In addition, and in contrast to optical inspection, EBI wafer alignment uses electron beam (e-beam) images for its final two alignments, “high magnification” and “low magnification.” The selected alignment points need to have good contrast in their pattern. While optical alignment points are susceptible to die to die variability, e-beam is affected to a much greater extent in this regard, for a number of reasons including charging and a lack of subsurface features.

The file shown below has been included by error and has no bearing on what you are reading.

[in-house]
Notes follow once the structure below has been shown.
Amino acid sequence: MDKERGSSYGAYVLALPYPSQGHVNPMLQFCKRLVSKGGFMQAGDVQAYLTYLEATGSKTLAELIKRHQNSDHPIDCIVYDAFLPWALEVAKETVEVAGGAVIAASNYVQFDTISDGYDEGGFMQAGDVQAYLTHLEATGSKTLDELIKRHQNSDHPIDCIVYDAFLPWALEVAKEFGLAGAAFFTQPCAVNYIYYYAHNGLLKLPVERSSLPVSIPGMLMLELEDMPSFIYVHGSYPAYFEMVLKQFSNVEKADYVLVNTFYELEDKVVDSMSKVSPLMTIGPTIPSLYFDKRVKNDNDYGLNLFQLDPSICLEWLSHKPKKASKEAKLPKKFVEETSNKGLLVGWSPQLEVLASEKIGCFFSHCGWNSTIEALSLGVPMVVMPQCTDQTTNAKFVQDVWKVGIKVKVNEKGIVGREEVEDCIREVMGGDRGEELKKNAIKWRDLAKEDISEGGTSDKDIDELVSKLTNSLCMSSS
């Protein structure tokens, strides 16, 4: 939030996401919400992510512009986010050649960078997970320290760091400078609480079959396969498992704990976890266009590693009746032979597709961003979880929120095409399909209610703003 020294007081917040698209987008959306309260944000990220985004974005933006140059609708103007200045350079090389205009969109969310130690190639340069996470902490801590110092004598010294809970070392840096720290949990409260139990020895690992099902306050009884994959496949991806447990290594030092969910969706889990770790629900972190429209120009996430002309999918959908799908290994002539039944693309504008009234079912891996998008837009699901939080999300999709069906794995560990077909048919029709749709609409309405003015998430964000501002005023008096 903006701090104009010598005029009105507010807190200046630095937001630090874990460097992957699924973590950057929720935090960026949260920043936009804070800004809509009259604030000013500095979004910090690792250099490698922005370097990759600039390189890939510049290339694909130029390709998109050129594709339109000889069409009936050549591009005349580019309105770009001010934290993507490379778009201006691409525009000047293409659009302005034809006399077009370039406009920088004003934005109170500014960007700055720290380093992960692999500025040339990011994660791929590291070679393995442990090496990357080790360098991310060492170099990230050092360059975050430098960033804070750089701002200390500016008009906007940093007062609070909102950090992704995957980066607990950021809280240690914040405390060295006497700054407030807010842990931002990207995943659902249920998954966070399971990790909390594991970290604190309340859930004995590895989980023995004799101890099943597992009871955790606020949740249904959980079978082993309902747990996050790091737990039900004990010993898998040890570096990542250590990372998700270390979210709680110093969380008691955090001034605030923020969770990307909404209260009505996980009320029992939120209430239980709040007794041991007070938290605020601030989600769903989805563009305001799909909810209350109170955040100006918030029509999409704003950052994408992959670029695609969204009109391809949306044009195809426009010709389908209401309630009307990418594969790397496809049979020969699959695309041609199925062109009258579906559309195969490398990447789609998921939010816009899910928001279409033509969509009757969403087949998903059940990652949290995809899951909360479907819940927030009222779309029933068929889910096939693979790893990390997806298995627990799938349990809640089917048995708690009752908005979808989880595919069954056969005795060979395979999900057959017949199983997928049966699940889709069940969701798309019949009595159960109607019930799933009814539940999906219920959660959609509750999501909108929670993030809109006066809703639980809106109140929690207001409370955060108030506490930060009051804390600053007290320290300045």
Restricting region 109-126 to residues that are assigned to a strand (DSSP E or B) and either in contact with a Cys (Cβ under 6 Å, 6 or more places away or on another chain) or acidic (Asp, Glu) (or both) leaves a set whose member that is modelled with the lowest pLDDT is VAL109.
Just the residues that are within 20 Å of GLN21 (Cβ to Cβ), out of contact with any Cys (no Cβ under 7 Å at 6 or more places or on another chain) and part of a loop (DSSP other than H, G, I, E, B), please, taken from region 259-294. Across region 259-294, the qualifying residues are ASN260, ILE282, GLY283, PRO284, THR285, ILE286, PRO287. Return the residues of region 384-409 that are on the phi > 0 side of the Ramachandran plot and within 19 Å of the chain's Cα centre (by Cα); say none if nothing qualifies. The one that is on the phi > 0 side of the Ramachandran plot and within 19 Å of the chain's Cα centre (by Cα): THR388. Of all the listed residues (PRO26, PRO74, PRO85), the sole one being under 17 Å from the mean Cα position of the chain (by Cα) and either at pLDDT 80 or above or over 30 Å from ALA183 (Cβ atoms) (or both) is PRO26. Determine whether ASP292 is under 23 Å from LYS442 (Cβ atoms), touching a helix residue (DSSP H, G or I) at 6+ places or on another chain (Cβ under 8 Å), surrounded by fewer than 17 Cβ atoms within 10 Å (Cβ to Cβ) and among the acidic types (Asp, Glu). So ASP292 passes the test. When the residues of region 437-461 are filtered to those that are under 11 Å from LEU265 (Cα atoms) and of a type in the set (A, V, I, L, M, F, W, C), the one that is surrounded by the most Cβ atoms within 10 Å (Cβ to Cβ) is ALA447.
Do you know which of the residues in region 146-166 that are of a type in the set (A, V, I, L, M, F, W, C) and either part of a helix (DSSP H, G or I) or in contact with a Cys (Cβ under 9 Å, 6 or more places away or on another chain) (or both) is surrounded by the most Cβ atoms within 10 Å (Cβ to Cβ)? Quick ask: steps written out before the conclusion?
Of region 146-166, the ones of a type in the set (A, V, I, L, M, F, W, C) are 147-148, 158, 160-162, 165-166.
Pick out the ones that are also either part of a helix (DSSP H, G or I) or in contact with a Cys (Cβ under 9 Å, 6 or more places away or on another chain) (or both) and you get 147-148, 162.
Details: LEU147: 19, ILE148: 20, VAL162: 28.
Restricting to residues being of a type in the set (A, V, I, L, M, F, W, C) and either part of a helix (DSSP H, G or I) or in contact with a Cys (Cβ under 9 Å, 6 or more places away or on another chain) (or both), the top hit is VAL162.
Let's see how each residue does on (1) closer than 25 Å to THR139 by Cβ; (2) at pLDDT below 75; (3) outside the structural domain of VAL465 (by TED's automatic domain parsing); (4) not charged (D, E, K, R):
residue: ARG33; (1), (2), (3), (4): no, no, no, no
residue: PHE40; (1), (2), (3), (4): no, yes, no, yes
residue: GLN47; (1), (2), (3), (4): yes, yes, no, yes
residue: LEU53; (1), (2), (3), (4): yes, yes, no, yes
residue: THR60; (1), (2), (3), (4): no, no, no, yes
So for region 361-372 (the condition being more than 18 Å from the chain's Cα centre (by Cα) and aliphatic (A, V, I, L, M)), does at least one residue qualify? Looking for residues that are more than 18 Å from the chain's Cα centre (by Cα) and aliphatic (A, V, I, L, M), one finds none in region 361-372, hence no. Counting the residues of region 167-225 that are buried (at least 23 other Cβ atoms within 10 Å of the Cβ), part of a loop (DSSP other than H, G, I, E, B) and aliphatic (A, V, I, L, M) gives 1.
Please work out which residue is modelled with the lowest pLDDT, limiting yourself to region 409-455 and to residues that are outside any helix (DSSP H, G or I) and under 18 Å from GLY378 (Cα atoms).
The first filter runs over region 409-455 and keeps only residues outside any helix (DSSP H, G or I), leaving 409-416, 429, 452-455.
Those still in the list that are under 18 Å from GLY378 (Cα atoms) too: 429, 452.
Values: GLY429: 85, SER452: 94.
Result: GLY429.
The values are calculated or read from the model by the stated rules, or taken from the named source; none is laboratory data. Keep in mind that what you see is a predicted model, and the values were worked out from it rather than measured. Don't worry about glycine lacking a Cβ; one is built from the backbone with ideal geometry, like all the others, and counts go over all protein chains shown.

With respect to the first, a wafer will charge and as a result may greatly change the appearance of the alignment point from die to die across the wafer. FIG. 1 illustrates an example of this, in which image 100 a is an e-beam image of the first alignment site as compared to an image 100 b of a selected known good die (KGD). Images 100 c and 100 d are e-beam images of other die formed on a same wafer as the die of image 100 a. Thus, it will be seen that even with careful selection of the alignment point and beam conditions, there is still a significant contrast and graininess difference between alignment sites across the wafer. That is, because of die to die variability, charging will differ across the wafer. In addition, burn marks may also be created while trying to center the site for the master image.